Here’s what you need to do:

    1. Get a fine mesh strainer for dry pressed root or a muslin tea bag for powdered kava.
    2. Add this strainer to your beverage of choice which should be cold or room temperature. Brewing in a hot liquid will ruin the beneficial properties of kava!
    3. Let it brew for at least 10 minutes; the longer, the better.
    4. Once brewing is complete, squeeze any remaining liquid out of the kava grounds before discarding them.
    5. Enjoy your drink!

    If this still sounds like too much work for you, you may want to invest in instant kava. Instant kava mixes are made from pre-extracted kava. You can simply mix these into a beverage and be on your way to feeling better!

    Method #5: Bulk Brewing Kava Tea

    When you make kava in this way, you can make it in nearly any drink that you would like. While many people just use water, adding some type of fat can improve the extraction process. Try using all milk or mixing in one part milk to two parts water before brewing. You can even brew in a juice like a pineapple or a papaya juice!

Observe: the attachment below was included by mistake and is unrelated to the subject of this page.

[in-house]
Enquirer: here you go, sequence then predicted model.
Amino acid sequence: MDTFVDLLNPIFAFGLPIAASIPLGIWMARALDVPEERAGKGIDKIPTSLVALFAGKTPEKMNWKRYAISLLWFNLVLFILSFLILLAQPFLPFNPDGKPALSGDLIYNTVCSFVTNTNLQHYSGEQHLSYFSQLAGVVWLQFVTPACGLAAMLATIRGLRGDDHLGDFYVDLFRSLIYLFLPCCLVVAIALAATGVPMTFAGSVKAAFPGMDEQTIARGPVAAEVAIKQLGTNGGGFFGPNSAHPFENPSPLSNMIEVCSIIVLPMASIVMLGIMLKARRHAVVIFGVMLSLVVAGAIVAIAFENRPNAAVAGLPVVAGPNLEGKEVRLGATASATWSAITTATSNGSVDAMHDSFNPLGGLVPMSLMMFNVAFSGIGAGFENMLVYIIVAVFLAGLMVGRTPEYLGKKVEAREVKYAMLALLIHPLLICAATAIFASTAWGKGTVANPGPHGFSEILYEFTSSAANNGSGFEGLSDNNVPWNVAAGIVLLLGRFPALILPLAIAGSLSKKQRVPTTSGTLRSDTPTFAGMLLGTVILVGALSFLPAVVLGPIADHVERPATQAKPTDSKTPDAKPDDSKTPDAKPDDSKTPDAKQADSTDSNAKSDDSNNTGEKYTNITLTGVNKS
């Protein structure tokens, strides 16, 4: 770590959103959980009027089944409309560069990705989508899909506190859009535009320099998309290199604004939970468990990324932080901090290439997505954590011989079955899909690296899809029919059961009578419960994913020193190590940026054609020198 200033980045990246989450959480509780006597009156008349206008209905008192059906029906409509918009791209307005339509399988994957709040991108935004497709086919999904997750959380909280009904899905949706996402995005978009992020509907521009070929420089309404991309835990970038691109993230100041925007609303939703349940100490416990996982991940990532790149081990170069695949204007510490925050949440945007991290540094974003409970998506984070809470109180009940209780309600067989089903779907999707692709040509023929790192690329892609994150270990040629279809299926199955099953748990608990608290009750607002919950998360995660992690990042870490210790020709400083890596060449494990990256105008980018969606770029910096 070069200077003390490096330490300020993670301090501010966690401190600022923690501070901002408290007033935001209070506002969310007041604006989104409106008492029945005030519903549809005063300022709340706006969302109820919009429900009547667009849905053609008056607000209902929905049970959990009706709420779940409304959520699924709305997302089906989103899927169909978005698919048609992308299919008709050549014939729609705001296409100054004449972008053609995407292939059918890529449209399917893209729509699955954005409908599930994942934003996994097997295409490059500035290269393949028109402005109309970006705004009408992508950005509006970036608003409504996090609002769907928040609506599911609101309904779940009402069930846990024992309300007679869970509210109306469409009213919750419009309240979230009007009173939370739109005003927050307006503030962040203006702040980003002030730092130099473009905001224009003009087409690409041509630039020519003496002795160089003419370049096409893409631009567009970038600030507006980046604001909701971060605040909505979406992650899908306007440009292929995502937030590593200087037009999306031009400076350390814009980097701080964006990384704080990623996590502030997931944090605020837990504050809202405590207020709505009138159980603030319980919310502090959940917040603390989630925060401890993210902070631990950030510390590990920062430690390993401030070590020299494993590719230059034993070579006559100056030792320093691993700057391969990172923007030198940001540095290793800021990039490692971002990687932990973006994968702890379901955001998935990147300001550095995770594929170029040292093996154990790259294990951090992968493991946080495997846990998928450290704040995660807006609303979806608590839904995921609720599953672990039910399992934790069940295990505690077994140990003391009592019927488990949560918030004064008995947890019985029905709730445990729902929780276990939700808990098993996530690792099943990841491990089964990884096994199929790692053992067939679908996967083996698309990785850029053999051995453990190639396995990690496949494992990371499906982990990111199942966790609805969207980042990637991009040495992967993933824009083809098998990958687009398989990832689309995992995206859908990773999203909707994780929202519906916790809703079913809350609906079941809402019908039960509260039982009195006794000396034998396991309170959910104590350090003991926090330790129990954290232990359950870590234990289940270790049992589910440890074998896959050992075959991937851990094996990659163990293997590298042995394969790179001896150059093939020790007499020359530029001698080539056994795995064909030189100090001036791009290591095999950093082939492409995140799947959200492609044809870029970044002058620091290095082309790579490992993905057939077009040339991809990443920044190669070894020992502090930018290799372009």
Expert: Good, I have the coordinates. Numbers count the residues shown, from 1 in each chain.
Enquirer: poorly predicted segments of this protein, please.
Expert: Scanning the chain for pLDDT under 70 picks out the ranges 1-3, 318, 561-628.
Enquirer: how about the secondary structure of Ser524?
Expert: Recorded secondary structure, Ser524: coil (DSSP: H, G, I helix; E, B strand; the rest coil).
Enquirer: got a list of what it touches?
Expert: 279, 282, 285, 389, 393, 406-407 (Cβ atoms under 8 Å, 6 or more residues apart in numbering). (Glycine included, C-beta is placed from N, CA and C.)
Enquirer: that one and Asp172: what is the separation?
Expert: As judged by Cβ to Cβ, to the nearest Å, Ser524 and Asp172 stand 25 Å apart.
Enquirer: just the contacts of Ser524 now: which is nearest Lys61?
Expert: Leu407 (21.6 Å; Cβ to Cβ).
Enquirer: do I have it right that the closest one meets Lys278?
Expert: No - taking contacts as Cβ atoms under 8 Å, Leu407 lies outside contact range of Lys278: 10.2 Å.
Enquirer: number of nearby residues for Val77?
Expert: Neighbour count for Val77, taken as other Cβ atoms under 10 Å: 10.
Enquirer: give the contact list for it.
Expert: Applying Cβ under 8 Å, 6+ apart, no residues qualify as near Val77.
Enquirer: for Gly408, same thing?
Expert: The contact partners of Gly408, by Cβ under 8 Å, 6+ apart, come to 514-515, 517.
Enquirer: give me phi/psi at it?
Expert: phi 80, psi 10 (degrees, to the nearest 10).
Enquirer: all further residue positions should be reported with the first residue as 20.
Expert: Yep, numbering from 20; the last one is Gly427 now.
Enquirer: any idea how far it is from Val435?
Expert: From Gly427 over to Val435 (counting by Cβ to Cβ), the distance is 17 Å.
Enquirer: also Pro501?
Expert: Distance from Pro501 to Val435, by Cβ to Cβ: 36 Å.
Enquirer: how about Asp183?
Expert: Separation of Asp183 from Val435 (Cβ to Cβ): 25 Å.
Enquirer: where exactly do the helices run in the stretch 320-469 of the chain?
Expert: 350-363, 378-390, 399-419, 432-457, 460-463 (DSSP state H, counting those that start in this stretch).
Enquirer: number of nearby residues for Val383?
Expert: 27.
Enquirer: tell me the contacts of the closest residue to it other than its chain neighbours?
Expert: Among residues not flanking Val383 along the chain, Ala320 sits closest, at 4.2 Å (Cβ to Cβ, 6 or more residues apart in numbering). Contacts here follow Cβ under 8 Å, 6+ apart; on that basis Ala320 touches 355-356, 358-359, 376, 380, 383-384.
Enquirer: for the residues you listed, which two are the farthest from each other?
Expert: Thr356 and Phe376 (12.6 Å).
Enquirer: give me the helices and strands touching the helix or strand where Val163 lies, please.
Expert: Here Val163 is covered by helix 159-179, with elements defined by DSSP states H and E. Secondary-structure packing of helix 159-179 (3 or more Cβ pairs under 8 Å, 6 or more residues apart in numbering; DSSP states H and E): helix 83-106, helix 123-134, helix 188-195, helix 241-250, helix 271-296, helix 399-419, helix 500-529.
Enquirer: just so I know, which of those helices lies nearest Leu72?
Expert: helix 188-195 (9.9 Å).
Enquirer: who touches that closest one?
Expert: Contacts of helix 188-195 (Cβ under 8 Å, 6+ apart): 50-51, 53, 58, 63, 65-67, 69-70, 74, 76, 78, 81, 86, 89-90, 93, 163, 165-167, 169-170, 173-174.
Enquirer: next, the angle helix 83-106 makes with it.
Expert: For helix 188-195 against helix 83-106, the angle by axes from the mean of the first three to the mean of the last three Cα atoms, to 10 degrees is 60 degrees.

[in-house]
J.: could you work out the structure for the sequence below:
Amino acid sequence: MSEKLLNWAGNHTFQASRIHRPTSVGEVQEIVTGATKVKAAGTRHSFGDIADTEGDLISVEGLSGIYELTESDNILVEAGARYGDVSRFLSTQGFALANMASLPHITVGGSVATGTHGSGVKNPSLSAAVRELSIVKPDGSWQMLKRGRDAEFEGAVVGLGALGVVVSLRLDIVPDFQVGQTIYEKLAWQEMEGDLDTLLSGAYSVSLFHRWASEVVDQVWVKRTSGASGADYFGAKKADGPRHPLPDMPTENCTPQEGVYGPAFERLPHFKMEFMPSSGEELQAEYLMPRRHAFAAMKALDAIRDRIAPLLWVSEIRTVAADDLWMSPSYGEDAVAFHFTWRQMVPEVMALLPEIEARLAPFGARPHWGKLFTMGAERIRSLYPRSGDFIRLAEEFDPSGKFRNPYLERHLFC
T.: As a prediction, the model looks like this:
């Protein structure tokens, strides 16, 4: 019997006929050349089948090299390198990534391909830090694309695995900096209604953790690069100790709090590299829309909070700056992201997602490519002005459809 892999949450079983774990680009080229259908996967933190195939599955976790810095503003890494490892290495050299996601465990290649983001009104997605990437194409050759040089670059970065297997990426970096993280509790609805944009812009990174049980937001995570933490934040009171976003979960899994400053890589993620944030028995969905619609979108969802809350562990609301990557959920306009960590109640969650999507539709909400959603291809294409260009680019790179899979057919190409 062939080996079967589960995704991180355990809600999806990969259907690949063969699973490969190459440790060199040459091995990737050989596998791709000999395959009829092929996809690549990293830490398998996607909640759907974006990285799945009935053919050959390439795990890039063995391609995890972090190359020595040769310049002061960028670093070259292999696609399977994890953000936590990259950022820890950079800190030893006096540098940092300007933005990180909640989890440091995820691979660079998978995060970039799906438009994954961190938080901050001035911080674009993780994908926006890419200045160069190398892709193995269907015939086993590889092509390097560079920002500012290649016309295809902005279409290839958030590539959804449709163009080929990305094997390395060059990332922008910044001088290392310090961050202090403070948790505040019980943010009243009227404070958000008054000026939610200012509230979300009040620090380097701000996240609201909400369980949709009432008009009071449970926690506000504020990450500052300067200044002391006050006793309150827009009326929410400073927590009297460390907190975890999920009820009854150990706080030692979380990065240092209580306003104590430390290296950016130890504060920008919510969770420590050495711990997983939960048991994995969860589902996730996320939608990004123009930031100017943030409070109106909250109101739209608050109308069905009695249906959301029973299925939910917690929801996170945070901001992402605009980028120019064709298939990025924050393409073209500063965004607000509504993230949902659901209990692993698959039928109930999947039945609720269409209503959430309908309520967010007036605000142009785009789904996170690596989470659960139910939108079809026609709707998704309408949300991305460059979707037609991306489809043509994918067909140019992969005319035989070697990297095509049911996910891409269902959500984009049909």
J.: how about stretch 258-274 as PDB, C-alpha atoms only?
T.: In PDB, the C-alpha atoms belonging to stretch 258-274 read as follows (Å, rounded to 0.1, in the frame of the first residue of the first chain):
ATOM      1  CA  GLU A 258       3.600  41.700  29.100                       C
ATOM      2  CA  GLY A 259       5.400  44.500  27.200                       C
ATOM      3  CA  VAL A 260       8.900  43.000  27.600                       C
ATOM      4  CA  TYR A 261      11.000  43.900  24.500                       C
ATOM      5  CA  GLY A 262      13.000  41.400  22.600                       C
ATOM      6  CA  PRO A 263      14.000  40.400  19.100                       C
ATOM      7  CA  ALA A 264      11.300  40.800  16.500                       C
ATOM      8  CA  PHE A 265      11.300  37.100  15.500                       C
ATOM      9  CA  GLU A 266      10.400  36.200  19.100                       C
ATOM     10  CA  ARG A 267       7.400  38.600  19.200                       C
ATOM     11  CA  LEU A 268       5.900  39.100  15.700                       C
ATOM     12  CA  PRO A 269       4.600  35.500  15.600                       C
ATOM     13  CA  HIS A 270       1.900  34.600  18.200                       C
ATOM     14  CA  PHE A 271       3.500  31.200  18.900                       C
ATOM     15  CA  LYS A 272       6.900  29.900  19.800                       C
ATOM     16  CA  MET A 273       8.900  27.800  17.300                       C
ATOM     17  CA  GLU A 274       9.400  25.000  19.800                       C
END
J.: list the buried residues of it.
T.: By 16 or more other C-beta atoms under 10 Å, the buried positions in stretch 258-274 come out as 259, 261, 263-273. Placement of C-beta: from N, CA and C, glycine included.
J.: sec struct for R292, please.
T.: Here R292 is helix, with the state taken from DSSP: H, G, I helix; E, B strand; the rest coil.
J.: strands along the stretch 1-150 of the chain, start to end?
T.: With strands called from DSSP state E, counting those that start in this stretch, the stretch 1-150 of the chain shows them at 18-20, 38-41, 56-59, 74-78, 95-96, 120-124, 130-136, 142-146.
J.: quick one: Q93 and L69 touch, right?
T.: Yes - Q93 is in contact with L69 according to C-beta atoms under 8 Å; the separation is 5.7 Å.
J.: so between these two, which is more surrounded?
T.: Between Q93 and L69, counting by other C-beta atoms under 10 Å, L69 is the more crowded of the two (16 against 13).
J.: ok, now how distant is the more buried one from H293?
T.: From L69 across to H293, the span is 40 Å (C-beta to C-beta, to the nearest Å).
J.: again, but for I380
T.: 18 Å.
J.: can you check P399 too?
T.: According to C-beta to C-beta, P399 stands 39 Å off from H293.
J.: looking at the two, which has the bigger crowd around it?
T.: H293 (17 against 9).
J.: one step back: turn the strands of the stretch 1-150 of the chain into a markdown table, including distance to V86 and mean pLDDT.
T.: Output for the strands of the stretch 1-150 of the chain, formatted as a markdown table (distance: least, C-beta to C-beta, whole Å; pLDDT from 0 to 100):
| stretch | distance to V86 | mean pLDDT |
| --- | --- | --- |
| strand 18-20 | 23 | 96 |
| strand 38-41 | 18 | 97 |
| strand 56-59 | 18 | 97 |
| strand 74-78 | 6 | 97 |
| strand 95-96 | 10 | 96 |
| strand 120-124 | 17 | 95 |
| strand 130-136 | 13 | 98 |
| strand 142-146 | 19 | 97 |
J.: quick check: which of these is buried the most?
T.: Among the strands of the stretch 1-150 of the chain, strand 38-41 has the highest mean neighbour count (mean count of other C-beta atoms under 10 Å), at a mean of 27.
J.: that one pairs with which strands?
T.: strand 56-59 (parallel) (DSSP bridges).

Some companies that brew kava tea to sell it in bulk use a different method. In this method, the root is never ground up. Instead, the dry root is put into huge strainer bags with a lot of water. After it soaks for a designated about of time, big press machines press the liquid out of the bag to complete the delicious and efficient tea brewing.

    This, of course, isn’t a method that you’ll be able to do at home. You can replicate something similar with a french press at home. Add kava and water to the press and let it soak for up to 10 hours. Press the kava tea, strain it, and then restrain the kava until it is not gritty. That’s it!

    Explore Kava Tea Preparations!